Bernie Sanders Slams Republican ‘Family Values’

Bernie Sanders Slams Republican ‘Family Values’ October 28, 2015

Speaking out for women and gays, presidential candidate Bernie Sanders condemns so-called Republican “family values.”

Sanders, appearing on ABC’s “The View” on Monday, declared:

We have a very right-wing extremist Republicans Party.

Sanders explained what Republicans really mean when they speak of family values:

Look, when Republicans talk about family values, this is what they’re saying: Their family values is that no woman in America should have the right to control their body. Their family values are that if you’re gay, you should not have the right to marry. That’s their family values.

Sanders went on to contrast the GOP’s idea of family values with his own:

Mine are, if you are a mom and have a baby, you have the right to stay home with paid family and medical leave for at least three months. How’s that?

That sounds good. Paid family and medical leave sounds like true family values, unlike the so-called Republican “family values” which is ultimately code for the bigotry and prejudice that animates the conservative Christians currently dominating the GOP.

This is not the first time the presidential hopeful has challenged Republican “family values.” In a blistering assault earlier this summer, Sanders again exposed the dangerous hypocrisy of the conservative Christian base of the GOP while speaking at a rally in Littleton, New Hampshire. As the crowd at the Littleton Opera House cheered uproariously, Sanders declared:

Many of my Republican colleagues who come through New Hampshire and Iowa and so forth, they often talk about family values.

They just love families. But all of you know what they mean by family values. And what they mean by family values is that the women of this country should not have the right to control their own bodies.

I disagree.

What they mean by family values is that women are not smart enough to be able to purchase the contraceptives they need.

I disagree.

And furthermore, what they mean by family values is that our gay brothers and sisters should not be able to get married or enjoy the other benefits of the American legal system.

I disagree.

We believe in strong families, but our view’s just a little bit different than our Republican friends. When we talk about family values, what we mean is the United States should end the international embarrassment of being the only major country on Earth that does not guarantee family and medical leave to all of our families.

Sanders is a friend to freethinkers, and the enemy of conservative Christians. Religious News Service describes Sanders as “unabashedly irreligious” and “the anti-Bible thumper,” noting:

Sanders is the presidential contender most willing to dissociate himself from religion. Though he identifies as Jewish and by Jewish law is Jewish, he has freely acknowledged that he is not a religious person. He scored a solid zero from Ralph Reed’s Faith and Freedom Coalition in its most recent scorecard and a 100 from the abortion rights group NARAL Pro-Choice America.

Scoring a zero from Ralph Reed’s Faith and Freedom Coalition is a badge of honor, and should be a ringing endorsement to the ears of every humanist, every atheist, every freethinker.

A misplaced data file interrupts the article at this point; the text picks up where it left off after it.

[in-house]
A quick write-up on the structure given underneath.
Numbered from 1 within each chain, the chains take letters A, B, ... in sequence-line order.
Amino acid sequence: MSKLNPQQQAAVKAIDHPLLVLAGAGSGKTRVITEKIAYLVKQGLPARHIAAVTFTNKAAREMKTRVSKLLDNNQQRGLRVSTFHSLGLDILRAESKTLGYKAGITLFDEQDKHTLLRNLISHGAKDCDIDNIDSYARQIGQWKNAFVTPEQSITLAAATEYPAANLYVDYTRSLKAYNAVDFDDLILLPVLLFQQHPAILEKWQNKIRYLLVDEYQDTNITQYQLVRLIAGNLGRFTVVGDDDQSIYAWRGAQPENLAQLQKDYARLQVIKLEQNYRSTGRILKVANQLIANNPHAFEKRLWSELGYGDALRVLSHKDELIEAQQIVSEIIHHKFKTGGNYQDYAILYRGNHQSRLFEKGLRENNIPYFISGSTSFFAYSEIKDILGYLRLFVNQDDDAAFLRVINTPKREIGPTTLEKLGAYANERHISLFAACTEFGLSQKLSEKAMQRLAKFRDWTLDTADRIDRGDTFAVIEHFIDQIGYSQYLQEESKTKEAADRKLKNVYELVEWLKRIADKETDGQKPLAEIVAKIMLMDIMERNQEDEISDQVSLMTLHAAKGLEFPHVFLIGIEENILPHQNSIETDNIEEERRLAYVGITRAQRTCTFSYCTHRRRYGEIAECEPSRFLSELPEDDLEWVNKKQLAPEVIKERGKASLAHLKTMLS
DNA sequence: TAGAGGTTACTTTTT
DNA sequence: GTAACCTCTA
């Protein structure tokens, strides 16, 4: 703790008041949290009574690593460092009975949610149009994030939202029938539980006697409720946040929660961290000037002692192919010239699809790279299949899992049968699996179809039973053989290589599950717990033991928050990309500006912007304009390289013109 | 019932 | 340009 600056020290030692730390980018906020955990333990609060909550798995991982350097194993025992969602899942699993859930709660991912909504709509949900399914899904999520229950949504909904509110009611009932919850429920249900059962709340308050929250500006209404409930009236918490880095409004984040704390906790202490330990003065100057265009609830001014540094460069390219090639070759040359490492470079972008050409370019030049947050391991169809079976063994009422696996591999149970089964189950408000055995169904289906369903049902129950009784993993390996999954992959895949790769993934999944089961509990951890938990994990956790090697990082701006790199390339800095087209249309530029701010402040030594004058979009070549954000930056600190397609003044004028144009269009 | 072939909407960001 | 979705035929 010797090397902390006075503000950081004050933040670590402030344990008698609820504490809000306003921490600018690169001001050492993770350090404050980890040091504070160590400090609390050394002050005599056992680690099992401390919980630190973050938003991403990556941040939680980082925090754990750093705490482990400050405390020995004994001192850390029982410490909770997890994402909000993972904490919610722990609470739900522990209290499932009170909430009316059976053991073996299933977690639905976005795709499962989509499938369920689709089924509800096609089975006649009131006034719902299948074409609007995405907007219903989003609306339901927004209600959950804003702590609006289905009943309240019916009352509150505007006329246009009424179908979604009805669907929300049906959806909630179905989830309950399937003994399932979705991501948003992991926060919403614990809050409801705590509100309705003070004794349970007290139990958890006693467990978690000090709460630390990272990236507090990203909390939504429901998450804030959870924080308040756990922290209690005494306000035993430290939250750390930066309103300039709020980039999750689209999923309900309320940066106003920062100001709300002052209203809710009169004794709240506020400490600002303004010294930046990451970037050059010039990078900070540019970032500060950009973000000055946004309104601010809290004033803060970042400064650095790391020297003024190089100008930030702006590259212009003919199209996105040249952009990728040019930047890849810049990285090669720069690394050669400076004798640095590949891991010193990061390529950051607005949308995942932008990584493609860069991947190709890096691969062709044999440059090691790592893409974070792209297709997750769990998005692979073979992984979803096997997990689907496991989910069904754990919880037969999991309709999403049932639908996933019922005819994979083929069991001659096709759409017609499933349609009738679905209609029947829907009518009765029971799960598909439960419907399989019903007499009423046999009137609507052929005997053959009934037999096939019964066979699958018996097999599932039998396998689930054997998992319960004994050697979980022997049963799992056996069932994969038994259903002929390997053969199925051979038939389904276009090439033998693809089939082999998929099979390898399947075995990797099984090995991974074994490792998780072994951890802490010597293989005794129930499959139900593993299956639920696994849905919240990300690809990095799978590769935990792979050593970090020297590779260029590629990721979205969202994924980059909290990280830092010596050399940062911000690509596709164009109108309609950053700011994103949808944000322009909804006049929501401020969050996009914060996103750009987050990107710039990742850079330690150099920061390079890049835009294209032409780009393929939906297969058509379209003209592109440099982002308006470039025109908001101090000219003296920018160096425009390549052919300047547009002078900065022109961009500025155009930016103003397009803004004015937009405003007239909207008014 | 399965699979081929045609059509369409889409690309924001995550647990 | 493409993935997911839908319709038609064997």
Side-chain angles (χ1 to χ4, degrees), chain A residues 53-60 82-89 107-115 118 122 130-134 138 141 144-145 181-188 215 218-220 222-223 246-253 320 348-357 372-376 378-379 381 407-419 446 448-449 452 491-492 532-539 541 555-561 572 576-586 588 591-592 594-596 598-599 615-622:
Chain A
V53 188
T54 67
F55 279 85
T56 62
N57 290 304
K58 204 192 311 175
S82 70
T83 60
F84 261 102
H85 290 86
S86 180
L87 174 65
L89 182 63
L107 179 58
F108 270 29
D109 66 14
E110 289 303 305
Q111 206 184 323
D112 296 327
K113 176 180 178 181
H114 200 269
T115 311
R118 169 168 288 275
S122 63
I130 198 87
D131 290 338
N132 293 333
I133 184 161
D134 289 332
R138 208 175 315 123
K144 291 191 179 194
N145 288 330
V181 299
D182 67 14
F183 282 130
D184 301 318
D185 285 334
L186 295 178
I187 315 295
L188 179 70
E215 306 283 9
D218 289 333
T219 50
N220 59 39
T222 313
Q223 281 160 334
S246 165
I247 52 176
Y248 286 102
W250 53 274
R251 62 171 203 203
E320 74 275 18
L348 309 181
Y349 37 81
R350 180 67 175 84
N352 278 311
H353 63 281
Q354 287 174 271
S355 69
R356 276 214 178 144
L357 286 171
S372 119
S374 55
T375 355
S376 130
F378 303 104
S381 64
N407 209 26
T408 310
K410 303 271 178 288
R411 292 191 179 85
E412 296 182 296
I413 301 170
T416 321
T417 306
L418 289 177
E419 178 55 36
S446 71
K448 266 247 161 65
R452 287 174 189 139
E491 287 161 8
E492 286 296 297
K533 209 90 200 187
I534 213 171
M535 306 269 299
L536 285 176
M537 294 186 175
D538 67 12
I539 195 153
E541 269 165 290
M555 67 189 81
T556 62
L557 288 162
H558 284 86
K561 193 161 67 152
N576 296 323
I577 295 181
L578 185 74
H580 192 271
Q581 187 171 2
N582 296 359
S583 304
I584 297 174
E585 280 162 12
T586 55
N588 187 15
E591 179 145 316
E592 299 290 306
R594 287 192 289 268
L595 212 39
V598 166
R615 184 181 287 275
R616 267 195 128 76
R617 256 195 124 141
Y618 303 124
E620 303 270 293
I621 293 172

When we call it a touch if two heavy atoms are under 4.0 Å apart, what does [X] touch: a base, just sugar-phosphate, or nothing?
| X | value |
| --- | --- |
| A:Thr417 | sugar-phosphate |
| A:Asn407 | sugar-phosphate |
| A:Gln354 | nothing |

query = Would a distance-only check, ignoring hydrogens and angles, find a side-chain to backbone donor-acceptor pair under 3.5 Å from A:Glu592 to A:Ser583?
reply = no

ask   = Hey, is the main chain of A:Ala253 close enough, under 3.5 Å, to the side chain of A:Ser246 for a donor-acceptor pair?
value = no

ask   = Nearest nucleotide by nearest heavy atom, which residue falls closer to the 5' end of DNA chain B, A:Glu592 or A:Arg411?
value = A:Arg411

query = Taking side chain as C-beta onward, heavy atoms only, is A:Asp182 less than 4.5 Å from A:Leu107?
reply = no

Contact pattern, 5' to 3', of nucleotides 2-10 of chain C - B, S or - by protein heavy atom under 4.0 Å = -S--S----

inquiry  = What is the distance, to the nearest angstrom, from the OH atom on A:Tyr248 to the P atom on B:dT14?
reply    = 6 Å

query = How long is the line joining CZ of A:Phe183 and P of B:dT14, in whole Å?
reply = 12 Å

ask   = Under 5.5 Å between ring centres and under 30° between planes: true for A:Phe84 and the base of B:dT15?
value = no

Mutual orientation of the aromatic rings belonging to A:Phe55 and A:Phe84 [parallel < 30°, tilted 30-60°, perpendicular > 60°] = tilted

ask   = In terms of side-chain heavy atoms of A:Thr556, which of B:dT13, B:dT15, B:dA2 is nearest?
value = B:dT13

Earlier this summer, in an uplifting viral video supporting Sanders’ 2016 presidential campaign, the presidential hopeful rejected divine intervention, declaring:

The problems we face did not come down from the heavens. They are made, they are made by bad human decisions, and good human decisions can change them.

Ane earlier this month, Sanders artfully dodged a pointed question about believing in God by articulating a powerful vision of compassionate humanism while appearing on “Jimmy Kimmel Live!”

At one point in the wide ranging discussion Kimmel asked Sanders if he believed in God, and if not, would that hurt his chances of being elected president:

You say you’re culturally Jewish, but you don’t feel religious. Do you believe in God and do you think that’s important to the people of the United States?

In a politically savvy yet compassionate response, Sanders answered:

I am who I am, and what I believe in and what my spirituality is about is that we’re all in this together. I think it is not a good thing to believe as human beings we can turn our backs on the suffering of other people.

Sanders is spot on. There can be no doubt that when Republicans use the phrase “family values” they are not talking about helping or even protecting American families. Instead, “family values” has come to represent a mean-spirited agenda fueled by religious superstition and ignorance.

The Republican agenda is one that would deny women access to birth control, to abortion, to reproductive health services; an agenda that would deny LGBT people basic rights, like the right to marry the one they love, like the right to work and earn a living without fear of discrimination on the basis of their sexual orientation, like the simple right to be treated equally and with dignity under the law.

Sanders, the longest-serving Independent in congressional history, is currently a U.S. Senator from Vermont, and a favorite among progressives looking for an alternative to Hillary Clinton in 2016.

(Image via Facebook)
(Image via Facebook)

 


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